The campaign to return stolen African artefacts to the continent, backed by high-profile support from New African, has finally broken the barriers and many Western countries are now returning objects. But resistance, especially by the UK, remains.
Since the publication last year of New African’s Return of the Icons special supplement on looted African artefacts and imprisoned human remains, the issue has gained widespread traction.
Germany has been the first major Western country to commit to returning all its African artefacts, opening the floodgates. The Dutch have also made some positive noises about return, as has the Smithsonian in the US. The French have already returned items to Benin, Madagascar, and Senegal. Meanwhile individual cultural institutions such as Jesus College, Cambridge and Aberdeen University have also unconditionally returned important Benin bronzes.
A number of recent events have reinforced the long-standing demands from African countries, resulting in this moment of profound change. The first was the Sarr-Savoy report commissioned by the French President, Emmanuel Macron, which recommended return and sent a thunderbolt through western museums.
This was augmented on a popular level by the Rhodes Must Fall and global Black Lives Matter demonstrations, the latter following the murder of George Floyd in America. As statues toppled, the issues of structural racism and the legacies of slavery, empire and colonialism were thrust into everyday conversations.
Finally in the academic sphere critical race theory and de-colonialism has provided the intellectual ballast for the return of icons.
The heightened atmosphere for return has reinvigorated the African museum sector. There are plans for new world-class museums, such as architect David Adjaye’s design for the Benin Museum to house the returned bronzes, and greater interest in the artists and ideas that produced the artefacts in the first place
However, despite the increasing Western openness to return there is still significant resistance, especially from the British government whose museums, universities and cultural institutions are full of important cultural artefacts.
They are handling the request for return as part of an extended culture war where they accuse so-called ‘woke’ activists of being part of a conspiracy to undermine Western culture and civilisation. Rather than remove statues and return artefacts, they argue instead for a policy of ‘retain and explain’.
Even if one accepts this policy, in order to know what is being explained, one needs to know in the first place what has been retained. At present, many of the British institutions which have huge collections from Africa and elsewhere do not know what is in their basements. The objects on display are only a small portion of their overall collection.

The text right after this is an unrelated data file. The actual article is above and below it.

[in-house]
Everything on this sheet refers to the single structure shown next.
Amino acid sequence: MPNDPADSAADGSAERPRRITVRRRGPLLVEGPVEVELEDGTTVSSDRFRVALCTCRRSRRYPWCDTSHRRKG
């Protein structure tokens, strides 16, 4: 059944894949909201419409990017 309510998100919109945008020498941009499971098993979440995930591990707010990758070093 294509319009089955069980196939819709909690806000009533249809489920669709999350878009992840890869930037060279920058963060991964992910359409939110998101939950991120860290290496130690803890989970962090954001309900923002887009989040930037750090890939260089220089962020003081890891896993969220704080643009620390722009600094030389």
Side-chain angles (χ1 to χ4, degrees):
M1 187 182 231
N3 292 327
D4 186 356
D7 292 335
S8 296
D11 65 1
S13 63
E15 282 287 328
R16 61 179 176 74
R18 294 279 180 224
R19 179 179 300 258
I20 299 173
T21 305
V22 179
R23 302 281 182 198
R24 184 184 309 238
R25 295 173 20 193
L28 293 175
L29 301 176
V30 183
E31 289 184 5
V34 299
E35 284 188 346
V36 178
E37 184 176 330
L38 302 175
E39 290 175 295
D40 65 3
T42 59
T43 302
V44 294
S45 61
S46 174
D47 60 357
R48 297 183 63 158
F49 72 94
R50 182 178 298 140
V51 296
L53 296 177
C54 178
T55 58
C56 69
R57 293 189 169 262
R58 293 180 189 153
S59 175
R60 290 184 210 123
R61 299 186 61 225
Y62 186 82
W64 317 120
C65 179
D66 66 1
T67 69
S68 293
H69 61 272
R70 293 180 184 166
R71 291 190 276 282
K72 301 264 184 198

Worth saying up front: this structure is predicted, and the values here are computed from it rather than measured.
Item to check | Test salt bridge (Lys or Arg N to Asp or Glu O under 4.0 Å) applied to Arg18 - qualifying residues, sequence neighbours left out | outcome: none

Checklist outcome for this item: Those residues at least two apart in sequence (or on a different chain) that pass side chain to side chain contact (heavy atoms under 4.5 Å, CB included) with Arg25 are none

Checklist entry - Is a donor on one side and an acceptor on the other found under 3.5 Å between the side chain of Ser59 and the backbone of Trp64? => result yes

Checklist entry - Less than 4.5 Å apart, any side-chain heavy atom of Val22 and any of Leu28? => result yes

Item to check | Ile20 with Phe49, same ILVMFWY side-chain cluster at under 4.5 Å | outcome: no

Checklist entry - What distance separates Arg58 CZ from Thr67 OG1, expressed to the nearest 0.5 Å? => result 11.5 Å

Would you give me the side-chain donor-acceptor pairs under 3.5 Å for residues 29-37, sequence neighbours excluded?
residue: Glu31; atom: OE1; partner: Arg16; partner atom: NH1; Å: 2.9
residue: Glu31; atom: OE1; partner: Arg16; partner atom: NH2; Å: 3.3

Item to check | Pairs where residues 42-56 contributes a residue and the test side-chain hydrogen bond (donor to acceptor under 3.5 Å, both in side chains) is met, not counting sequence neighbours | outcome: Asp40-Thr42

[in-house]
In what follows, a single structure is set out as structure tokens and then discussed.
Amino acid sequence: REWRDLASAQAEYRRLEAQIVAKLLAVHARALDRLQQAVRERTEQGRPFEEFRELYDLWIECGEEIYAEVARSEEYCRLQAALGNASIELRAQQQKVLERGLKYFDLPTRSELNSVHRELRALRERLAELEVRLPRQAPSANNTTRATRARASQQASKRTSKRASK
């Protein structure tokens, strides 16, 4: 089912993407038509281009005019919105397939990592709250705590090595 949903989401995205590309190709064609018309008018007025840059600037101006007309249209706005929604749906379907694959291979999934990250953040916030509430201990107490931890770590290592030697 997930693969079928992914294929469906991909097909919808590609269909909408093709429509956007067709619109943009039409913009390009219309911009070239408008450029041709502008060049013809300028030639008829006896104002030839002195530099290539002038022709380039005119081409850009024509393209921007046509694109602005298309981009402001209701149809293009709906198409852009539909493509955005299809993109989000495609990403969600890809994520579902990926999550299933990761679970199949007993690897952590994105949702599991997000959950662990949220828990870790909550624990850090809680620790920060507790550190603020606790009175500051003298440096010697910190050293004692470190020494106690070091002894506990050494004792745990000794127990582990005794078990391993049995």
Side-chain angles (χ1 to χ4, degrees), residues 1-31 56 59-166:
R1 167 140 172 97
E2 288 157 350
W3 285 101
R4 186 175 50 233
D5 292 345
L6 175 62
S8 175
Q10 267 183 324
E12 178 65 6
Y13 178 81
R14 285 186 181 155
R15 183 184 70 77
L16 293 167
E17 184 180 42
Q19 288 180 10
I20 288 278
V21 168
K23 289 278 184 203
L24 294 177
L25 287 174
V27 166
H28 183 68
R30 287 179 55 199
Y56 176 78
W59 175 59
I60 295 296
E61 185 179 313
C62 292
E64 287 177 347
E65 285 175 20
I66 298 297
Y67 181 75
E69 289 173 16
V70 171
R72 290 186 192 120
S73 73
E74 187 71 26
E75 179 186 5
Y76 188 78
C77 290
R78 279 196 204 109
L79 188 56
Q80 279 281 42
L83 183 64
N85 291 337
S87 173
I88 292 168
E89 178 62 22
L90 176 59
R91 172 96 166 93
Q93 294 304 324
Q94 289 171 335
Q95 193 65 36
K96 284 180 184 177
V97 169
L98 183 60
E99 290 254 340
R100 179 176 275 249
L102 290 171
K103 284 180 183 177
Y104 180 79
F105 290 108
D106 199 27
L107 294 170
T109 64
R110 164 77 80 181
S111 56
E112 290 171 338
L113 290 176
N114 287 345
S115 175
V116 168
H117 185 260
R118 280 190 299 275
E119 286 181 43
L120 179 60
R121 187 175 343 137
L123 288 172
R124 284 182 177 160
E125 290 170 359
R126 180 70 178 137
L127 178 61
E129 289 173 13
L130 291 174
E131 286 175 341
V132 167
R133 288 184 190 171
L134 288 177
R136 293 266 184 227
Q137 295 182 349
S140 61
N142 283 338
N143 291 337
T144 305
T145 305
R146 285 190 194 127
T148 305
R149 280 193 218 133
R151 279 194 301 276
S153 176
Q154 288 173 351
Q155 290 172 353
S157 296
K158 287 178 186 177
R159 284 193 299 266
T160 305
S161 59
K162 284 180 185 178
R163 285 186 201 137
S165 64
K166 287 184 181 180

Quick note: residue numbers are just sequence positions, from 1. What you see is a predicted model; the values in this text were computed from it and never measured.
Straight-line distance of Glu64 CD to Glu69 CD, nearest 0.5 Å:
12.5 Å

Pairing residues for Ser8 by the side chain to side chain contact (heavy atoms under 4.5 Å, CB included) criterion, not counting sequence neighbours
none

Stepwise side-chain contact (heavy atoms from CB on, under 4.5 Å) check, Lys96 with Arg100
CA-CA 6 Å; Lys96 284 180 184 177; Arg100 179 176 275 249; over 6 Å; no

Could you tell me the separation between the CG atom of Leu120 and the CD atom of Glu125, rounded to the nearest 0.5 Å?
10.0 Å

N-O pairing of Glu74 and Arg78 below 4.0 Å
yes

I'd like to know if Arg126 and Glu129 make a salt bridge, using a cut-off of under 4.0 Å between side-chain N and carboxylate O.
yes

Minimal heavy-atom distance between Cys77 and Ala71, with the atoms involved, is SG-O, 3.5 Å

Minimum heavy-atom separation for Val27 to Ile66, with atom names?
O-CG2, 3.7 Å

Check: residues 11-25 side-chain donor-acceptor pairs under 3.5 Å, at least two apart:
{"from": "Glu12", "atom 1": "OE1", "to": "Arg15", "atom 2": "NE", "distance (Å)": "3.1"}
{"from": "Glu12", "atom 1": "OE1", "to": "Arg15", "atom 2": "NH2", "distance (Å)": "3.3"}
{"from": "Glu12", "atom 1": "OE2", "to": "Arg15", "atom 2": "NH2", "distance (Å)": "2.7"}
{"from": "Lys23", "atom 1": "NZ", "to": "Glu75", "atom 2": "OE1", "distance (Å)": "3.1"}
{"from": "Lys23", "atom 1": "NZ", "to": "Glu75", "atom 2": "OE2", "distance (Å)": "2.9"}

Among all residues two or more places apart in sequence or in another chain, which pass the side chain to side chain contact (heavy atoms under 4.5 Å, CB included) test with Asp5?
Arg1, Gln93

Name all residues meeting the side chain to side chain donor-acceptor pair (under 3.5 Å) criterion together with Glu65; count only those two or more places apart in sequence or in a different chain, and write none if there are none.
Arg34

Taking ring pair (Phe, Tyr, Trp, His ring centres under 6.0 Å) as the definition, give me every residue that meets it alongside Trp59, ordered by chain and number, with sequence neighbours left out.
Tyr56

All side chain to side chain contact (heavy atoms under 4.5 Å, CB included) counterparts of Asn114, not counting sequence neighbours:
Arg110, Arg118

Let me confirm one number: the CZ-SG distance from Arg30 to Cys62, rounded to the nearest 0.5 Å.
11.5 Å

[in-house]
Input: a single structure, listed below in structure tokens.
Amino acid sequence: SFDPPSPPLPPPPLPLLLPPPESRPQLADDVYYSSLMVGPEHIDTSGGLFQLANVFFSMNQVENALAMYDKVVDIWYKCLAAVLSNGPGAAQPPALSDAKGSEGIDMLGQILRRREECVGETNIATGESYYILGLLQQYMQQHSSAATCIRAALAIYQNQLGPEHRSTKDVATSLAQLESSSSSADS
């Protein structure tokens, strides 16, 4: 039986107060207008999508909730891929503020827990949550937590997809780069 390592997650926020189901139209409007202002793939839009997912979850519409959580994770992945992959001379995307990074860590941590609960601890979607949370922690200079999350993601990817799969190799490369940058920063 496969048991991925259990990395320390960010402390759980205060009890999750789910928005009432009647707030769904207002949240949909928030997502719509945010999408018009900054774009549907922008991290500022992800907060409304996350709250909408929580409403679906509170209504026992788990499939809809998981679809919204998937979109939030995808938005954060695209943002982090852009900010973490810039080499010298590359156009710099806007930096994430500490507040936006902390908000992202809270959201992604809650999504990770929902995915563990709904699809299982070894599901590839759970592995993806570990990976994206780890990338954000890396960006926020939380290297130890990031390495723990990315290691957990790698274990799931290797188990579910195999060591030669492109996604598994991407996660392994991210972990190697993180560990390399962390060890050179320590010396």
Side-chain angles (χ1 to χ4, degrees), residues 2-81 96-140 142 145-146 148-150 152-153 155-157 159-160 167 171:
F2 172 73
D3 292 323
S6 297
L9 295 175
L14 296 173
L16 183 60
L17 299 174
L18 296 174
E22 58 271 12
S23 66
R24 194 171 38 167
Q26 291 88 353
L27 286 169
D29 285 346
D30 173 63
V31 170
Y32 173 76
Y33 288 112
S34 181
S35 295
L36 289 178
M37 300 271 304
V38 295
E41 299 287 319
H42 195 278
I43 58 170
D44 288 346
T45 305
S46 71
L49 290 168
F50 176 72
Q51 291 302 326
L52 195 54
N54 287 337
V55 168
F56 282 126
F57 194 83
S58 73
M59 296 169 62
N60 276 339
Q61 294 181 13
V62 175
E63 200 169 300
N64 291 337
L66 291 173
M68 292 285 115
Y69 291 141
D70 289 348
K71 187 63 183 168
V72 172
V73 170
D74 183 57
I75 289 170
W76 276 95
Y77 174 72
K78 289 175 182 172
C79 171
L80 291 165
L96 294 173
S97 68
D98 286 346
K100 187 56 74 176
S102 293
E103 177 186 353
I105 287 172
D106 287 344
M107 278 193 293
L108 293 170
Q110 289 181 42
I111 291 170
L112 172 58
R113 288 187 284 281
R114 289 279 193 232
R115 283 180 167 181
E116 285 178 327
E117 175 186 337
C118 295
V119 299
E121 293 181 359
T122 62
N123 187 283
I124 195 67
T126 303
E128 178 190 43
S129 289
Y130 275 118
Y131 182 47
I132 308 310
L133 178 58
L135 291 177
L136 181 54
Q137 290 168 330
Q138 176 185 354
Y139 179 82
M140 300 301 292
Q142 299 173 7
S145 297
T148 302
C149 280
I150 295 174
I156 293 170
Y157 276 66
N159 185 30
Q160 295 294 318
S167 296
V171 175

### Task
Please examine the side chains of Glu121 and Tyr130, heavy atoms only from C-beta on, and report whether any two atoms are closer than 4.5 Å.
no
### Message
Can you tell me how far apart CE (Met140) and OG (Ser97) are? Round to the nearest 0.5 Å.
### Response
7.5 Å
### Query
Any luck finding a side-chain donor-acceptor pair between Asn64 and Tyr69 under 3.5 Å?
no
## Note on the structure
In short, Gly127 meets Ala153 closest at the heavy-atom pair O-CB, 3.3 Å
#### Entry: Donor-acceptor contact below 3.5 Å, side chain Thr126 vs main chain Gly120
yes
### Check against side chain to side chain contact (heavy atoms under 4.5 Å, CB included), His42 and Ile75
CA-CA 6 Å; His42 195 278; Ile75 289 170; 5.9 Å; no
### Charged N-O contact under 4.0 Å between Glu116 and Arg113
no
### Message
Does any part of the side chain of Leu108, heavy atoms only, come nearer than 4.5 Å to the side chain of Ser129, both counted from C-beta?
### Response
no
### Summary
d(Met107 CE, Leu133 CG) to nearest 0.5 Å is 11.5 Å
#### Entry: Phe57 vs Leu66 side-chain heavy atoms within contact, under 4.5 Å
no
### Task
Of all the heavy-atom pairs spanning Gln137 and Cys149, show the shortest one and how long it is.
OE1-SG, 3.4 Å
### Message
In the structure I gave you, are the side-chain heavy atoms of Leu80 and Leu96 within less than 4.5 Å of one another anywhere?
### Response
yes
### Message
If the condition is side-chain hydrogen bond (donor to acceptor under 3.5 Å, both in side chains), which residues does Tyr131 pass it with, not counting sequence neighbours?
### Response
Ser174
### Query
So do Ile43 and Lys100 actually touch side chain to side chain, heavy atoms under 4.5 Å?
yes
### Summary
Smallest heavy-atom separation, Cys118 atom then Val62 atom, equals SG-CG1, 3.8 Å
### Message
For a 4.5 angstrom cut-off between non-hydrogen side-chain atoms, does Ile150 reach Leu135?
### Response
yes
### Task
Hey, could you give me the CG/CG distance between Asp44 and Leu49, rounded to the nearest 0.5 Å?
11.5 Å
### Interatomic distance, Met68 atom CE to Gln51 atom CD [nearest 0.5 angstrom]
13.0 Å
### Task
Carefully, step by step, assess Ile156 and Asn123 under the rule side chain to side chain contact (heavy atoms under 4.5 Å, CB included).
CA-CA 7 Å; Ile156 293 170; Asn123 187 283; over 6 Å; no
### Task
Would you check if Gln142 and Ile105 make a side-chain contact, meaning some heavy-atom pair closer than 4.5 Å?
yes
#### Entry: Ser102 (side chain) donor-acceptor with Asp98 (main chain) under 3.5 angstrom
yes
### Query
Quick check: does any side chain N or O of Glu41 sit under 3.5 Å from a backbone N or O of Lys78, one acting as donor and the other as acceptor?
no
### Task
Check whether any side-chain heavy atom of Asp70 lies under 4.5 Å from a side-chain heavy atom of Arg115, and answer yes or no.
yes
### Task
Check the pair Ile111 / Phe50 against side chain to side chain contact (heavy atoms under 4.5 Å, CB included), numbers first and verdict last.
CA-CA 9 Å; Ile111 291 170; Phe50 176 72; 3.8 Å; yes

In addition, the UK government has not committed any additional resources to cataloguing or conducting a proper audit of what it loudly declares that it is seeking to retain. Without this initial forensic auditing one fundamentally doubts the sincerity of the ‘retain’ part of the policy.
Meanwhile on the ‘explain’ part, some institutions are reaching out to African communities both in the diaspora and on the continent, in order to involve them in retelling the story of the objects from a non-colonialist perspective.
The explaining needs to be much more proactive in the reshaping of the narrative as part of a robust, decolonial policy of understanding what the objectives really mean in the context of changing African cultures and sensibilities.
Perhaps the most damning part of the ‘retain and explain’ policy is the retention of human remains and their continuing offensive display in museums. Despite the existence of legislation calling for the return of human remains in UK collections, the law does not cover remains that are more than 1,000 years old. So the British Museum continues in this day and age to display the remains of African kings and queens and high-ranking officials in its Egyptian Mummy section, humiliating them and eroding their and our dignity.
Despite the British government’s resistance and culture wars, the momentum of return is now irresistible. The moral argument has been lost: the issue is now increasingly being factored into diplomatic and trade issues between African and Western institutions.
Following the impact of Ghana’s Year of Return, African countries have discovered the financial potential of heritage tourism; the African Union has established a heritage committee with membership drawn from some of the most influential African countries including Nigeria, South Africa, Egypt and Ethiopia; finally, if one also factors in diaspora activism, it is clear the issue is likely to remain high on the agenda. And victory will be inevitable.